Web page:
Peru: In Prison, a Little Health Care Goes a Long Way

TB and HIV/AIDS patients imprisoned at Peru's San Juan de Lurigancho, close to Lima, receive treatment at a prison health center. Built in 2006 by the National Penitentiary Institute (INPE), the $1 million center was financed by the Global Fund to Fight AIDS, TB and Malaria.

Though the prison was built to hold 3,500 people, in 2008 it housed 10,000 prisoners. Today it has 6,000 and is one of the most crowded and dangerous in Latin America.

Between 2004 and 2008, the Global Fund provided $7 million to Peruvian projects, which included building prison health centers in Lurigancho and Tambopata, modernizing TB wards, improving health infrastructure in 12 prisons, and providing medical equipment to reduce infections.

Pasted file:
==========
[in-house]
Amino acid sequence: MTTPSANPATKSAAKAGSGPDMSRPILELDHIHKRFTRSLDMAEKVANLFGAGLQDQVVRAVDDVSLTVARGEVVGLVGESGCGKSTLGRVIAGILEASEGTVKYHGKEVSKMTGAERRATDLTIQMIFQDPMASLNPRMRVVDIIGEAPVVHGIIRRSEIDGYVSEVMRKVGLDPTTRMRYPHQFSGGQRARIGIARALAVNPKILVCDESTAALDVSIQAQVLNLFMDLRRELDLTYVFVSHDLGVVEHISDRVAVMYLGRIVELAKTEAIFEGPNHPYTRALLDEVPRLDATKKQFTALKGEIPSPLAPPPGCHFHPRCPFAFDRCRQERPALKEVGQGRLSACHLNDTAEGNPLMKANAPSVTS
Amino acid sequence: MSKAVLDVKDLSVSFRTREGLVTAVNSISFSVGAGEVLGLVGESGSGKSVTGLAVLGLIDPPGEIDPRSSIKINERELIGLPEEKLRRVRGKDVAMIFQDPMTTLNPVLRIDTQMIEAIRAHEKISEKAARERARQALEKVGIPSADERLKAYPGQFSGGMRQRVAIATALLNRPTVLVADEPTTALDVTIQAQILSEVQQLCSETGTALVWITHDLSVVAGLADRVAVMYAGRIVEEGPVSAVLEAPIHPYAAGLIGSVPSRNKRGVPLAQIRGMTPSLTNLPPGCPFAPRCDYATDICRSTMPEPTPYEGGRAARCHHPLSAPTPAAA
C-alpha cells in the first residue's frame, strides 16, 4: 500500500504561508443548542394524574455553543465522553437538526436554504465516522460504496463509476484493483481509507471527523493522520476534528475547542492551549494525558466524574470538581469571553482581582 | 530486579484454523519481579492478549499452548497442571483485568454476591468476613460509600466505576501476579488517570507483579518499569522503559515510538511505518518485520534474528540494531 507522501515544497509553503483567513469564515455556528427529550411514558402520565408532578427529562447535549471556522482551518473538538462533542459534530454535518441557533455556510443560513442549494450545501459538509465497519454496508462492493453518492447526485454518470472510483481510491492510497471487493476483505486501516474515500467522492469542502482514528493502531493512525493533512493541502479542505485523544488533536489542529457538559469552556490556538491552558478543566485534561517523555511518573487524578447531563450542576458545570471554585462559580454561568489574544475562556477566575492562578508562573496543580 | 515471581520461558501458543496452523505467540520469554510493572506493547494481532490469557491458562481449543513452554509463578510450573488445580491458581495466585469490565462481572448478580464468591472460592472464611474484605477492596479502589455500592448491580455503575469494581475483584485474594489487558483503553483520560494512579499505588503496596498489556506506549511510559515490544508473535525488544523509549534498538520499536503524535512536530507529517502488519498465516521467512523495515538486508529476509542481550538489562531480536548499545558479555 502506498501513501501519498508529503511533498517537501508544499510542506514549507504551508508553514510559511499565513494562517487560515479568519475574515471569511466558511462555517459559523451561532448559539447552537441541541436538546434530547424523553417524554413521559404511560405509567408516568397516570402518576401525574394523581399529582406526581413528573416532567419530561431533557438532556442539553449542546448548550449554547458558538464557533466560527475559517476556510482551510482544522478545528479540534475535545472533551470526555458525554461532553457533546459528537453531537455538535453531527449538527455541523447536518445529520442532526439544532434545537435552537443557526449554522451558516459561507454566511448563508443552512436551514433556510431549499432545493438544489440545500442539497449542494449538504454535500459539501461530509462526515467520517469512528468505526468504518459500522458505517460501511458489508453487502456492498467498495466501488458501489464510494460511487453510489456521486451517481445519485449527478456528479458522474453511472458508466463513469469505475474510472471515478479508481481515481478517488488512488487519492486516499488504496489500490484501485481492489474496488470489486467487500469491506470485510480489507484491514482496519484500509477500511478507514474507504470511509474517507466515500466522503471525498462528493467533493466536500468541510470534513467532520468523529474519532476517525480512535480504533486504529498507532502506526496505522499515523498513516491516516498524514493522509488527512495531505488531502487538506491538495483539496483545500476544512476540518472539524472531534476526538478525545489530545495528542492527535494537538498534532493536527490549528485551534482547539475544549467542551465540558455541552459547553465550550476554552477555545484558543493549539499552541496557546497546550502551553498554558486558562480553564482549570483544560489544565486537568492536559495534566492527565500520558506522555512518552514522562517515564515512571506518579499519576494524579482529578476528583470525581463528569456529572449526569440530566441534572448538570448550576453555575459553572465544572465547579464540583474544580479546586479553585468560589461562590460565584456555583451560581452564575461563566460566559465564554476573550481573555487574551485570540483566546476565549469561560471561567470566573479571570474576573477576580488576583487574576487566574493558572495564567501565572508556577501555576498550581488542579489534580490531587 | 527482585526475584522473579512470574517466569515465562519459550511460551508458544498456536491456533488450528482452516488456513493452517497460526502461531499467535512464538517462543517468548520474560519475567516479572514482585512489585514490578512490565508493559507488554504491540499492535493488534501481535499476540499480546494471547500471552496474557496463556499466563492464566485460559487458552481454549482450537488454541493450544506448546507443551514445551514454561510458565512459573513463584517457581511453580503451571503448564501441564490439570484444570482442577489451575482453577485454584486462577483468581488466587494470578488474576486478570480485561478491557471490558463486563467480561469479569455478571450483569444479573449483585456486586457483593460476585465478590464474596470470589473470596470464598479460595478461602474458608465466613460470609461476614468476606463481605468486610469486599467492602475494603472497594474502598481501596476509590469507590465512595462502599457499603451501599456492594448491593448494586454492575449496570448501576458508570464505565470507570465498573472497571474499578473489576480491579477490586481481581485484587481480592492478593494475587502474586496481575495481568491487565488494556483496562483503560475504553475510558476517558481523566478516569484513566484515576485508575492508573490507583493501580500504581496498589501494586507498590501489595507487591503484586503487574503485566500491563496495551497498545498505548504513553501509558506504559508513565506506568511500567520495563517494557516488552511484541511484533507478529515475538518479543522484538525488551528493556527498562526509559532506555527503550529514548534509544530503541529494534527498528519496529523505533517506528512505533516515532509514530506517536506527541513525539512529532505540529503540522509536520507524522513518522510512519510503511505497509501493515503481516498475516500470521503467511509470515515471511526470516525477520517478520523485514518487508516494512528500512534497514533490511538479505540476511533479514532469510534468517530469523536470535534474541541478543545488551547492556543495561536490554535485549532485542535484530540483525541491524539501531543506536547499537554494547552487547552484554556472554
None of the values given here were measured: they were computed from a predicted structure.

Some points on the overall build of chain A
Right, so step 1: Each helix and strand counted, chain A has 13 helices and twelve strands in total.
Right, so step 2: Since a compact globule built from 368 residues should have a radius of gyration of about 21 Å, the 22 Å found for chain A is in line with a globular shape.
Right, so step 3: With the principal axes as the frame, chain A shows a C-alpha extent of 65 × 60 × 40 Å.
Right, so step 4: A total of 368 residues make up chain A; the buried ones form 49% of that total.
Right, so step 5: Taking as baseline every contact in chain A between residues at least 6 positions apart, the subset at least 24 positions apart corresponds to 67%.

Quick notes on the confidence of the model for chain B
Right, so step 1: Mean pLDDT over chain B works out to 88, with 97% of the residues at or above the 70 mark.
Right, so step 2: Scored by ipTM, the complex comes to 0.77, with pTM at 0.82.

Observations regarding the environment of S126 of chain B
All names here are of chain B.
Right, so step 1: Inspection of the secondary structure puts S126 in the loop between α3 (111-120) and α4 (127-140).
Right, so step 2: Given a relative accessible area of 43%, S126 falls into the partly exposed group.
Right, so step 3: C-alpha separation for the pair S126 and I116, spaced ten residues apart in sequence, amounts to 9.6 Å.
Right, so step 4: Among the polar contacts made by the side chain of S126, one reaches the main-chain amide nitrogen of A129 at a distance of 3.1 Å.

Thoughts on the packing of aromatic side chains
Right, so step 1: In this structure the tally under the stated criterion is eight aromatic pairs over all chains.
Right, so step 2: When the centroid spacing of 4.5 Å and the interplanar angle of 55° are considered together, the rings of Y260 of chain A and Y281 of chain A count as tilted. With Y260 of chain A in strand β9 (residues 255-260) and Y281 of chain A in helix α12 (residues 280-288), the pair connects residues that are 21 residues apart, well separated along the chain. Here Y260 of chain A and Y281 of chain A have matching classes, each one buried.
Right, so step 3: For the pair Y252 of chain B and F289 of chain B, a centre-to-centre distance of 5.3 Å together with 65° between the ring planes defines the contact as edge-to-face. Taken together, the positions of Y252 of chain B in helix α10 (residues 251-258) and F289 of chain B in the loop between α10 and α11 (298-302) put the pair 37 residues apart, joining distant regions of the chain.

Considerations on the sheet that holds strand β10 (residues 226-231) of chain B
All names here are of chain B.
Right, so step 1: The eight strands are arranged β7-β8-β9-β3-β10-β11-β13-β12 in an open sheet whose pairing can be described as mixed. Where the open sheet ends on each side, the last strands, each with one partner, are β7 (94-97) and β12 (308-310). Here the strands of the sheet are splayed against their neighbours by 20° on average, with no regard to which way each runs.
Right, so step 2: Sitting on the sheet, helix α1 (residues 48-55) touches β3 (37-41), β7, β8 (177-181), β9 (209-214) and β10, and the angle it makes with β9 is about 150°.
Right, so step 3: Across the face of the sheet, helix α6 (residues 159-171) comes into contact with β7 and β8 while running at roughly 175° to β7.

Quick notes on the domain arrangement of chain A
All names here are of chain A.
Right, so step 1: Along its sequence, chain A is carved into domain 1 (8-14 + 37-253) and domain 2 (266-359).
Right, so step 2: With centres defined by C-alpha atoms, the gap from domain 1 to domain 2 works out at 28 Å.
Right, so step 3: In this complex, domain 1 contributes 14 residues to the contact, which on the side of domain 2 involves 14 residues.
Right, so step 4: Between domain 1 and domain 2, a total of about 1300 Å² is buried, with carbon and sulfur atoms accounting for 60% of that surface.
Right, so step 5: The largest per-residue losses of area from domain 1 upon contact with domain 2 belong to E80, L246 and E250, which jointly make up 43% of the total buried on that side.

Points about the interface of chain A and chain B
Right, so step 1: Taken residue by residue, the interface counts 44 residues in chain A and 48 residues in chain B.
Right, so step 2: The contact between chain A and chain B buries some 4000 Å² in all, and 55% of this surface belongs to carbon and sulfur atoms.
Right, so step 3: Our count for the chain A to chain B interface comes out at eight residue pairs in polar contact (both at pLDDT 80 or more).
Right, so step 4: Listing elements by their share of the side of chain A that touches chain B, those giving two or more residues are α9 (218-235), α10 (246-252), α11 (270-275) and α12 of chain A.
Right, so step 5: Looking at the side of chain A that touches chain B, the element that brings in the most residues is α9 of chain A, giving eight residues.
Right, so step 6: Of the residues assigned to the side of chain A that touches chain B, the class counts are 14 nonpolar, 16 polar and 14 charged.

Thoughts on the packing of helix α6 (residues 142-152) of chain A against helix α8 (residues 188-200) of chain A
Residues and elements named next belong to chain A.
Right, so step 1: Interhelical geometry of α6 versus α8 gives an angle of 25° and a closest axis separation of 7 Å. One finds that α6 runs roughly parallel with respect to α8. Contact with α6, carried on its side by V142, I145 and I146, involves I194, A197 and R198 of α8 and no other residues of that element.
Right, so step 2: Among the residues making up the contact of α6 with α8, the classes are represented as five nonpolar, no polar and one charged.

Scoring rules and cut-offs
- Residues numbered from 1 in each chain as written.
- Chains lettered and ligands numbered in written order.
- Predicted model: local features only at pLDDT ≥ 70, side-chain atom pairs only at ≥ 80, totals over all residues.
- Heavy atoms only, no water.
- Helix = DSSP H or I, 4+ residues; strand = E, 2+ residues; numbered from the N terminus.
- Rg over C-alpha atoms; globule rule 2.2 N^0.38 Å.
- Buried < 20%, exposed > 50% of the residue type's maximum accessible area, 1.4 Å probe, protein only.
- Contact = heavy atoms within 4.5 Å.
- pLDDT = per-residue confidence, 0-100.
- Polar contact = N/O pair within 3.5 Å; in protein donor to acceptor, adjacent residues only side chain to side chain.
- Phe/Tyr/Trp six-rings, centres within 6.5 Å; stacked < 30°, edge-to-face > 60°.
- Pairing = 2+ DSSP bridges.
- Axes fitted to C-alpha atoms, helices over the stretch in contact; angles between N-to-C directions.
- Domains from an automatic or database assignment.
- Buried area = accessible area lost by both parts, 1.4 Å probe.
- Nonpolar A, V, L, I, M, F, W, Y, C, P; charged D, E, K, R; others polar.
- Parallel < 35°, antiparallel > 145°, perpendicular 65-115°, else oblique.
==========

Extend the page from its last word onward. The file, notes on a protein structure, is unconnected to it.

"In Lurigancho prison today there are at least 420 tuberculosis patients and another 450 people diagnosed with AIDS, a much lower figure than in the previous years, thanks to having adequate infrastructure and trained personnel," said Dr. José Best, INPE's deputy director of health.

Still, the risk of "contracting TB in Lurigancho is 27 times higher than out on the street," said Henry Cotos, head of prisons for the Lima region. "We have managed to reduce the infection rates, but the figures are still worrying, mainly due to overcrowding."

The center also treats 28 patients with multidrug-resistant TB, and it has 20 isolation cells where infectious patients receive "a difficult and exhausting course of treatment," said Dr. María Elena Salas. "The reason these patients are kept in strict quarantine is so that they don't give up the treatment and don't infect other people."